The net effect of the application of three different forces on the separation of charged species is as follows. The mixture of charged species is introduced into a constant downward flow of primary buffer between two membranes. An electric field is applied perpendicular to the primary flow causing the charged species to move with the field, each at a velocity in the direction of the field that is dependent on its electrophoretic mobility. Faster migrating species move from one membrane wall to the opposite in less time during each cycle than slower species, and, as a result, move less downward than the slower species due to the lower buffer flow at the membrane surface. Once the faster species reach the membrane surface they remain there until the field polarity is reversed. Adsorption of species at the membrane surface is minimized due to the short residence time and the non-adsorbing nature of the membrane.
Simultaneously with applying the electric field, one of the membranes is moved side to side in a direction perpendicular to both the primary buffer flow direction and the field direction. As discussed above, the membrane wall movement results in a substantially linear velocity gradient, wherein the buffer velocity at the moving membrane is substantially equal to the membrane velocity whereas velocity at the stationary membrane is substantially zero. The membrane velocity should be relatively low so as not to promote vortex formations, especially during reversal of the membrane velocity. During each time cycle the velocity of the faster migrating species in the direction of the wall movement increases as they approach the moving membrane. Once they reach the membrane they move with it until the membrane stops. On the other hand, the slower migrating species take longer to reach the moving membrane surface and, as a result, they move a lesser distance in the direction of the membrane movement than the faster species. When the direction of both the field and membrane movements are reversed all the charged species move in the field direction toward the stationary wall. The faster migrating species reach the stationary wall first and, as a result, they move a lesser distance with the moving membrane during this half of the cycle whereas the slower species, being closer to the moving membrane, move a greater distance. The net effect of the reciprocating wall movement is that the separation between the faster and slower species increases with each half period. Further, since the faster migrating species travel less downwardly during each time cycle it takes more cycles for the faster species to travel the length of the fractionation gap. The increased number of cycles further increases the separation between the faster and slower species in the dimension parallel to the membrane movement (i.e. the x dimension in the figures). It is preferred that at least 10 cycles are completed, more preferably at least 20 cycles are completed, and most preferably at least 40 cycles.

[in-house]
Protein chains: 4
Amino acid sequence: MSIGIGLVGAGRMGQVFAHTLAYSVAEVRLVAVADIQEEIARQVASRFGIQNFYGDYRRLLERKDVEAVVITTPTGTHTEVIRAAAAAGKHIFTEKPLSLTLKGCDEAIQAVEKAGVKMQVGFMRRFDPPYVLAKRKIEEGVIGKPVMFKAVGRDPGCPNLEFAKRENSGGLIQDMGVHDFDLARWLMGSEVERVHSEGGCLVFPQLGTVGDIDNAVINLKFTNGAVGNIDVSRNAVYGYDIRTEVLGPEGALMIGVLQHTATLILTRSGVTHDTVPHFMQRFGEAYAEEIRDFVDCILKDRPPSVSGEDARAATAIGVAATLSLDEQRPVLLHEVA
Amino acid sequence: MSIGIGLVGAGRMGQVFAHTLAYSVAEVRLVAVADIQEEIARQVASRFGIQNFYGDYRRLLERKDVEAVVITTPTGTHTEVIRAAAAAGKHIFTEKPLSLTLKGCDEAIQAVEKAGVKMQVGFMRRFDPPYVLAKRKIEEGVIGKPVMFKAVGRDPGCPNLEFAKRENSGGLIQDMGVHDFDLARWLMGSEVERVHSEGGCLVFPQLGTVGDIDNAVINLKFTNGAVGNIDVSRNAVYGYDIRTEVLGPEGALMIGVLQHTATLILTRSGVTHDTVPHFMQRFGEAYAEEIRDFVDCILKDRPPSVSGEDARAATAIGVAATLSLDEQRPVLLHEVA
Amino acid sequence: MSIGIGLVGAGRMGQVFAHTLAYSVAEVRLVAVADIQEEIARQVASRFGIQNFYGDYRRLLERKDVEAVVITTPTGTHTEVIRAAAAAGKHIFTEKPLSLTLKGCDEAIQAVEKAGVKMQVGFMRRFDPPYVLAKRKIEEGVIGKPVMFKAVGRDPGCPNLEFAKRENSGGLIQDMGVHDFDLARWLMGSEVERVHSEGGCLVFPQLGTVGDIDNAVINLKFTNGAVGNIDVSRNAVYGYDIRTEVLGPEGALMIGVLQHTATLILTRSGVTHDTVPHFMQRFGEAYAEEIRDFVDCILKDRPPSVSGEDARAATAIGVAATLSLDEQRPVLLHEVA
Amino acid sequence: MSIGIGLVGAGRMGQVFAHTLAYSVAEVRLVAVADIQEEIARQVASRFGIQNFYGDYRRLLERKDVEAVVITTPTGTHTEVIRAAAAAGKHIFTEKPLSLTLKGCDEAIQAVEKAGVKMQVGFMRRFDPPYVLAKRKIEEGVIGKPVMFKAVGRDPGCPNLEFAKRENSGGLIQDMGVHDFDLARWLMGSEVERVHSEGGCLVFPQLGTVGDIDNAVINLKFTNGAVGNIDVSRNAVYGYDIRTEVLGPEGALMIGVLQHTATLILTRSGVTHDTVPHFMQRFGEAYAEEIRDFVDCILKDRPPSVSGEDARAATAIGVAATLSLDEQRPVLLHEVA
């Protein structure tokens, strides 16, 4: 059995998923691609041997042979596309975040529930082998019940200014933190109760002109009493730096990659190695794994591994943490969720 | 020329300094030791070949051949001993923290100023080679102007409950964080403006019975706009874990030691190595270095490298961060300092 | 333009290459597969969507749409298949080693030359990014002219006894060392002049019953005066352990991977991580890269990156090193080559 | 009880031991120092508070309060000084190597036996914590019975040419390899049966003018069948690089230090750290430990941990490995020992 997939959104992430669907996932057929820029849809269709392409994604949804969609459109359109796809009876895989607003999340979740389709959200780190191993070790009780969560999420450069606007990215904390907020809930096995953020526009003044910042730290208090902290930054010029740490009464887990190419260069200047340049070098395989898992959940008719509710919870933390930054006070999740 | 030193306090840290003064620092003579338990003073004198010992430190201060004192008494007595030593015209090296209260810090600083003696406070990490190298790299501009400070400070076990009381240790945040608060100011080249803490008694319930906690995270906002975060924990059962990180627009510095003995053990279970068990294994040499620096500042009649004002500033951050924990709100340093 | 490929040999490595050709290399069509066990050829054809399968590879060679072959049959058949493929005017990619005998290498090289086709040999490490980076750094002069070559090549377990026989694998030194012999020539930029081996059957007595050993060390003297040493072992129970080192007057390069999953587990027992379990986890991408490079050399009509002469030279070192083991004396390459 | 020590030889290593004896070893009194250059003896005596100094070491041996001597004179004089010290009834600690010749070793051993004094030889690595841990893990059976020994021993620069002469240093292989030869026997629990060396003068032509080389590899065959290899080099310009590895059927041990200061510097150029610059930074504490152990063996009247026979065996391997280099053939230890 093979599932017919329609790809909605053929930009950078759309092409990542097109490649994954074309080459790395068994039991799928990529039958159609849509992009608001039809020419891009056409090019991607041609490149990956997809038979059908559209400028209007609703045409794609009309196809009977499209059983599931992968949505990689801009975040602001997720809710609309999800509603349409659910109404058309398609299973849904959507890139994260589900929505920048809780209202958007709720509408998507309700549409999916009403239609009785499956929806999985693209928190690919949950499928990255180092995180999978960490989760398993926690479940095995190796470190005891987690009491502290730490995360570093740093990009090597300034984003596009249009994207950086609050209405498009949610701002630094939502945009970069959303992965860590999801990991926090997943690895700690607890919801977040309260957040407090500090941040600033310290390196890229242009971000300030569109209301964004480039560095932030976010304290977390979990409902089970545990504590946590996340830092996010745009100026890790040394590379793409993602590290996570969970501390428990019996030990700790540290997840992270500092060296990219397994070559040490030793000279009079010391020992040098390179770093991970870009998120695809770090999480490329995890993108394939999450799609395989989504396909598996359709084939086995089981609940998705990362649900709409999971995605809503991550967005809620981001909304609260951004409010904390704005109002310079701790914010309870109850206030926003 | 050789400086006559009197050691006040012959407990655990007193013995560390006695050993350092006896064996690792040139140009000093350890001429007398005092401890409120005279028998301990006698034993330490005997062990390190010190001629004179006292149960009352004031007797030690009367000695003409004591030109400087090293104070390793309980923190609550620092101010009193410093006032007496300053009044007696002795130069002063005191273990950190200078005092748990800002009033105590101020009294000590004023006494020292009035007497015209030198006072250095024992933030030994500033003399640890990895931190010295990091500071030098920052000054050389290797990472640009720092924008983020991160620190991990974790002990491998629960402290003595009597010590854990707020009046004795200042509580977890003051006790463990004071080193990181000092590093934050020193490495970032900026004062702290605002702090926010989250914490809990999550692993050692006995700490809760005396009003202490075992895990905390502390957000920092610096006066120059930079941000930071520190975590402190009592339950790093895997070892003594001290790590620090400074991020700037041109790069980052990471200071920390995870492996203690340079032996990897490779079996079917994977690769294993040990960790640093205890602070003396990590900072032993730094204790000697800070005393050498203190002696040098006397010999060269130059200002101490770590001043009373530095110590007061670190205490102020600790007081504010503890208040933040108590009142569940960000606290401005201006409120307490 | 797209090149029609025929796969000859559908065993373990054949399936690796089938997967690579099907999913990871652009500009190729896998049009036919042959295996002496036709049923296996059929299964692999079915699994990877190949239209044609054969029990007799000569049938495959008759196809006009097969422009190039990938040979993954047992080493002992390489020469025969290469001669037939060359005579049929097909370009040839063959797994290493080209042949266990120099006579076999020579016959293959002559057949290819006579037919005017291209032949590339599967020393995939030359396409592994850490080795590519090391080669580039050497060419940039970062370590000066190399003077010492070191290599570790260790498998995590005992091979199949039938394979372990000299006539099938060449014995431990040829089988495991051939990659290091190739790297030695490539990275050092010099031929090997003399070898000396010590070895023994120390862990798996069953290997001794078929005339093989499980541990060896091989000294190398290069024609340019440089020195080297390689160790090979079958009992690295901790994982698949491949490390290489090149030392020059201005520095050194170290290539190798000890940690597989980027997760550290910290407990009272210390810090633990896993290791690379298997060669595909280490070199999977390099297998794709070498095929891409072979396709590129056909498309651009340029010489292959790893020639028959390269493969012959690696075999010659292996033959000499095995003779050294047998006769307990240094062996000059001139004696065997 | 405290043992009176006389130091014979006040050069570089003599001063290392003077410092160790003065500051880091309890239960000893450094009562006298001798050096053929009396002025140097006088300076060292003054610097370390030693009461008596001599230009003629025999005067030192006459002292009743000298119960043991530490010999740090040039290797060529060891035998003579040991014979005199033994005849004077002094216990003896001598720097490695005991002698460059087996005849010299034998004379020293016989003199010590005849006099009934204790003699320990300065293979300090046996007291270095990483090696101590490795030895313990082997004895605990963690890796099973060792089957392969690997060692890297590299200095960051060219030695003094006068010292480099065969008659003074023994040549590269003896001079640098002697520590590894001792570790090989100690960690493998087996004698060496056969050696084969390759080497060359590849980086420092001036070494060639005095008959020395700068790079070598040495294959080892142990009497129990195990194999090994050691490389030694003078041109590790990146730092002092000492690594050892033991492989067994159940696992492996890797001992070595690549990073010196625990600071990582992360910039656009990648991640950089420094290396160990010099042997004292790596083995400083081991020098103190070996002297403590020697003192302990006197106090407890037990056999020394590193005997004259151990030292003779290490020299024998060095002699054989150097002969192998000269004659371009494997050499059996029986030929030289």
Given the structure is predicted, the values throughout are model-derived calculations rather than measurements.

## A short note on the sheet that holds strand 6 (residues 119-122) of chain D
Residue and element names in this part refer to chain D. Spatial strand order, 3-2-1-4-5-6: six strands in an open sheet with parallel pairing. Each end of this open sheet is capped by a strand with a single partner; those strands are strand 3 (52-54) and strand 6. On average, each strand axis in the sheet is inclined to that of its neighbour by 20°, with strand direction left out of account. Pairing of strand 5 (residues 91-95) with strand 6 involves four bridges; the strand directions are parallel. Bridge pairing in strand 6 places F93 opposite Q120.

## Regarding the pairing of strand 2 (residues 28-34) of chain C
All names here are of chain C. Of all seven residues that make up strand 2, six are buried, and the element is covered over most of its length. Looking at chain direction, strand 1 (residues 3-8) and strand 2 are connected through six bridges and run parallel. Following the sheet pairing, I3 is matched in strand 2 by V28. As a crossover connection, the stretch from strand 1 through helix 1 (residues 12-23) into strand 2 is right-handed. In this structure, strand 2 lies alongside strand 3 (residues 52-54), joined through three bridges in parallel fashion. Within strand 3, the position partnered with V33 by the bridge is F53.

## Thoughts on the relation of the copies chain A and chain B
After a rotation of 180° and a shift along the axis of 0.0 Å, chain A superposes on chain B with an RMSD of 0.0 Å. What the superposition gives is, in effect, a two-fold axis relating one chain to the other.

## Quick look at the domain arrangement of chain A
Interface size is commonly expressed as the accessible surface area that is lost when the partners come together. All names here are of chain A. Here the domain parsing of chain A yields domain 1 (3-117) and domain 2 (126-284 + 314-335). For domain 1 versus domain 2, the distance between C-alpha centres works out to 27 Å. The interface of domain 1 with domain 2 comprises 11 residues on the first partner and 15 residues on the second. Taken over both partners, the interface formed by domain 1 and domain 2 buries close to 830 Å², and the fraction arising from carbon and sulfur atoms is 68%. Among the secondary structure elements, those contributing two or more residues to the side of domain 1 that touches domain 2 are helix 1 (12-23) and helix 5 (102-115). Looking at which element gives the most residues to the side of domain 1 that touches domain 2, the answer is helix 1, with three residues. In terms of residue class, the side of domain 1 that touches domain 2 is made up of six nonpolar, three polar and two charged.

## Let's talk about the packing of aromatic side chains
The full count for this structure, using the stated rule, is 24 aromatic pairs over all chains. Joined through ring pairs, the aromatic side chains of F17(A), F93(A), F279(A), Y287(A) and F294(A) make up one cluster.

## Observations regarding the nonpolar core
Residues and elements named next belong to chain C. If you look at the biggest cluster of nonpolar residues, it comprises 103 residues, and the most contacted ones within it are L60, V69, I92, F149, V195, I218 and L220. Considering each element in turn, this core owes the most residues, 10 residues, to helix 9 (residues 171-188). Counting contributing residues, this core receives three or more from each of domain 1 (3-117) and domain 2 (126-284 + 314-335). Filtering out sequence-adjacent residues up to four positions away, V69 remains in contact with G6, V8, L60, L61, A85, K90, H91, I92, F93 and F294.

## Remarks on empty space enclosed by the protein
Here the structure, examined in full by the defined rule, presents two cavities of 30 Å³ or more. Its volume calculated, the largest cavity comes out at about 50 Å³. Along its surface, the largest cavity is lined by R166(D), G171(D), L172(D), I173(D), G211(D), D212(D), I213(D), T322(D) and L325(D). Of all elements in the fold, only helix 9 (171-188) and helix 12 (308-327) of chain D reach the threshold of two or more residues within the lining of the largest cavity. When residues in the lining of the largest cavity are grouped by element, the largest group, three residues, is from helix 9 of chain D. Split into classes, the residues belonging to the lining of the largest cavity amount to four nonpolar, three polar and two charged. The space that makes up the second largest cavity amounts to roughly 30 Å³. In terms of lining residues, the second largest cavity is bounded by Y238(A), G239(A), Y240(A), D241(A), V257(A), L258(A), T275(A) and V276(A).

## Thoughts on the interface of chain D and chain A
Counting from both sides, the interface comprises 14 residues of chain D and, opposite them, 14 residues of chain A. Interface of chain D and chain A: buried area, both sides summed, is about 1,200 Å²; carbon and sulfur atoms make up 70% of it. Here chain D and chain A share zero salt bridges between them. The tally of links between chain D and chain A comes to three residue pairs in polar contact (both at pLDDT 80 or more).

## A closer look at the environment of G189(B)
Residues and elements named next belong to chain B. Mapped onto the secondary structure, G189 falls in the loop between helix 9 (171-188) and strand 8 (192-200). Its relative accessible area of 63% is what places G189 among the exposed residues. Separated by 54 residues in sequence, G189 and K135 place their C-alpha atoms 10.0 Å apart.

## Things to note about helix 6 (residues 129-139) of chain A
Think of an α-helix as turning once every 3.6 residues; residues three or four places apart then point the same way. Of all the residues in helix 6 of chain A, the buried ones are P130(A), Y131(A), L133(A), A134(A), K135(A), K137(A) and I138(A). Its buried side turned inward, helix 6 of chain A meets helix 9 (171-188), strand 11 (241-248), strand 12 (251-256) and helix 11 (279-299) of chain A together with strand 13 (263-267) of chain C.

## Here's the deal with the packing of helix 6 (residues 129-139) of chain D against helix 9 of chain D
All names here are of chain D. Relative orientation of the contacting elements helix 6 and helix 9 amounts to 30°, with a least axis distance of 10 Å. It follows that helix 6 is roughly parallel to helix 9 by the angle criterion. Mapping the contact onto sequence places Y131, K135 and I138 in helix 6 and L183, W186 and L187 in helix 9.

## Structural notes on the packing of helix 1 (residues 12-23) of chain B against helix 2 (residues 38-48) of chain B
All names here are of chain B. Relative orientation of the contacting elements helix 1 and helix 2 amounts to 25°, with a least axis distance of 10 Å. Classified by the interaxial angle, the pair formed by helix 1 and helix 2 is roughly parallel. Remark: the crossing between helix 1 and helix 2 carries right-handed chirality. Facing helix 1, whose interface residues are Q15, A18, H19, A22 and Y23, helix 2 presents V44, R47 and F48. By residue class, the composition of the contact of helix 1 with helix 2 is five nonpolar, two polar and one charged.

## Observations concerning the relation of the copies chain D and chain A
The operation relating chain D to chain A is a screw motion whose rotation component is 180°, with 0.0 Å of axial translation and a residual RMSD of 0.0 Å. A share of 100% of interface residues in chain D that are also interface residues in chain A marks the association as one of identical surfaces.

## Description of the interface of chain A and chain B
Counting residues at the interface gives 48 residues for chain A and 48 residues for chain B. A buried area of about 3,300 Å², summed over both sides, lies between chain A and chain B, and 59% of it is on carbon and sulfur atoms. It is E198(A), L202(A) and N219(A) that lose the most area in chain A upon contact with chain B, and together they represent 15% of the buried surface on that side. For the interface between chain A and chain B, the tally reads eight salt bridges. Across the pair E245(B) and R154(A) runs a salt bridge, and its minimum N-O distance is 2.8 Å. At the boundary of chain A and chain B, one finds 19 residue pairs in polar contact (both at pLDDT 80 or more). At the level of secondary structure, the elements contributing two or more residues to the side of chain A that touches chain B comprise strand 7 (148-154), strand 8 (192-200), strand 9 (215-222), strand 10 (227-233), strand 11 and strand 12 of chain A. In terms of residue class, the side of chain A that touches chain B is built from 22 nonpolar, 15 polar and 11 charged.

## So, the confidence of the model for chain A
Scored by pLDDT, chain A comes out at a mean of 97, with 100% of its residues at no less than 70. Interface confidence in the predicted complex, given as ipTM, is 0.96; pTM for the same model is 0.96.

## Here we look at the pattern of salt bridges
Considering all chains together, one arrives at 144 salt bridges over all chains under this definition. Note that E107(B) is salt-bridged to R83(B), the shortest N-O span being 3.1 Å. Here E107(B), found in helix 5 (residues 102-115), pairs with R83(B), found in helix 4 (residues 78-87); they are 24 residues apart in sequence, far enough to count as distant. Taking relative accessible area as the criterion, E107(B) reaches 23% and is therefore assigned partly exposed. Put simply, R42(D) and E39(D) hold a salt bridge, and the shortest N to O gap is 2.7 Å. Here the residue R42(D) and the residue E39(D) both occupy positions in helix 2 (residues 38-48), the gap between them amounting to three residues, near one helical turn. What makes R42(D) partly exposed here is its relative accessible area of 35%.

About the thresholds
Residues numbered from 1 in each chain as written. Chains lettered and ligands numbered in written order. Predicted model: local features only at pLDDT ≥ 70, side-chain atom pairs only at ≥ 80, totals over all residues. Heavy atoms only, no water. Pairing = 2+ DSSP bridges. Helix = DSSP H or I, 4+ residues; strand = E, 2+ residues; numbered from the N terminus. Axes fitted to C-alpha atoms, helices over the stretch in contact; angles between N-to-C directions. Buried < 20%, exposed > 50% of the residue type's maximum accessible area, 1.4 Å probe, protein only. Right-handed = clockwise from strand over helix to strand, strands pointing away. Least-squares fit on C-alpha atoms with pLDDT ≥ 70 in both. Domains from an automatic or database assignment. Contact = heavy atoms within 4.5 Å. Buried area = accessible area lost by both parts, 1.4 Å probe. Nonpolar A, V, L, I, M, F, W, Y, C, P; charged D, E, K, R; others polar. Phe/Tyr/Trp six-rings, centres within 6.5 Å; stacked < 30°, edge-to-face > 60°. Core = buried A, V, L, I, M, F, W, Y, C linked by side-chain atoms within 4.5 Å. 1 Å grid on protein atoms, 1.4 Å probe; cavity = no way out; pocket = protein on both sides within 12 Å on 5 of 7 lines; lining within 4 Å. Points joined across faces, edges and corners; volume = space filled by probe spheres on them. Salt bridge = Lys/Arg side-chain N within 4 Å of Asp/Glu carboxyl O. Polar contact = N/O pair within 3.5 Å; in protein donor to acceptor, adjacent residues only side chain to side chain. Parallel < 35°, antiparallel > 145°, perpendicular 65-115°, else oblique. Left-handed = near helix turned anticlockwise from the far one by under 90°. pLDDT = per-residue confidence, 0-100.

It is preferred that the sample is introduced near the stationary membrane so that full advantage is taken in the first cycle of the buffer flow velocity gradient due to the membrane movement. However, it is possible that the sample inlet stream could be at any location between the membranes or could even be a stream having a width about the same as the distance between the membranes. In either of these latter less preferred arrangements there would be an added dispersion effect which can be alleviated by having the species go through at least 20, and more preferably at least 40 cycles before they exit the chamber.
The magnitude and frequency of the primary electric field, the rate of primary buffer flow, and the frequency of membrane movement are all dependent on the size of the fractionation chamber being used and the electrophoretic mobilities of the species to be separated. Generally, the species being separated are known species so that their mobilities are known. Once a particular size of a fractionation chamber is chosen it is well within the skill of the artisan to optimize the electric field, the rate of primary buffer flow, and the membrane movement in order to separate the particular mixture of interest. The following discussion and calculations demonstrate the separation method of the present invention for a hypothetical mixture. However, the same considerations apply for separating a known mixture.
In the following calculations the coordinate system shown in FIG. 1 relative to the membrane plates is used. The mixture of three charged species "1+2+3" is injected near the surface of membrane A which has a y coordinate of -d. The surface of reciprocating plate B has a y coordinate of +d so that the gap between plates A and B is 2d. The electrophoretic mobility of a species to be separated is μn, while μT is the electrophoretic mobility of a hypothetical species which will migrate the distance 2d in exactly one half of a full time cycle. A full time cycle is the sum of the time that the electric field is applied in one direction plus the time that the field is applied in the opposite direction (see FIG. 2a where the full cycle equals 2T). This is also the full time cycle of the movement of Plate B (see FIG. 2c). The value of μT is significant because only species having an electrophoretic mobility greater than this value will be separated by the present method. Species having an electrophoretic mobility less than this would elute from the fractionation chamber at the same "x position" they were introduced at. This is discussed more fully below.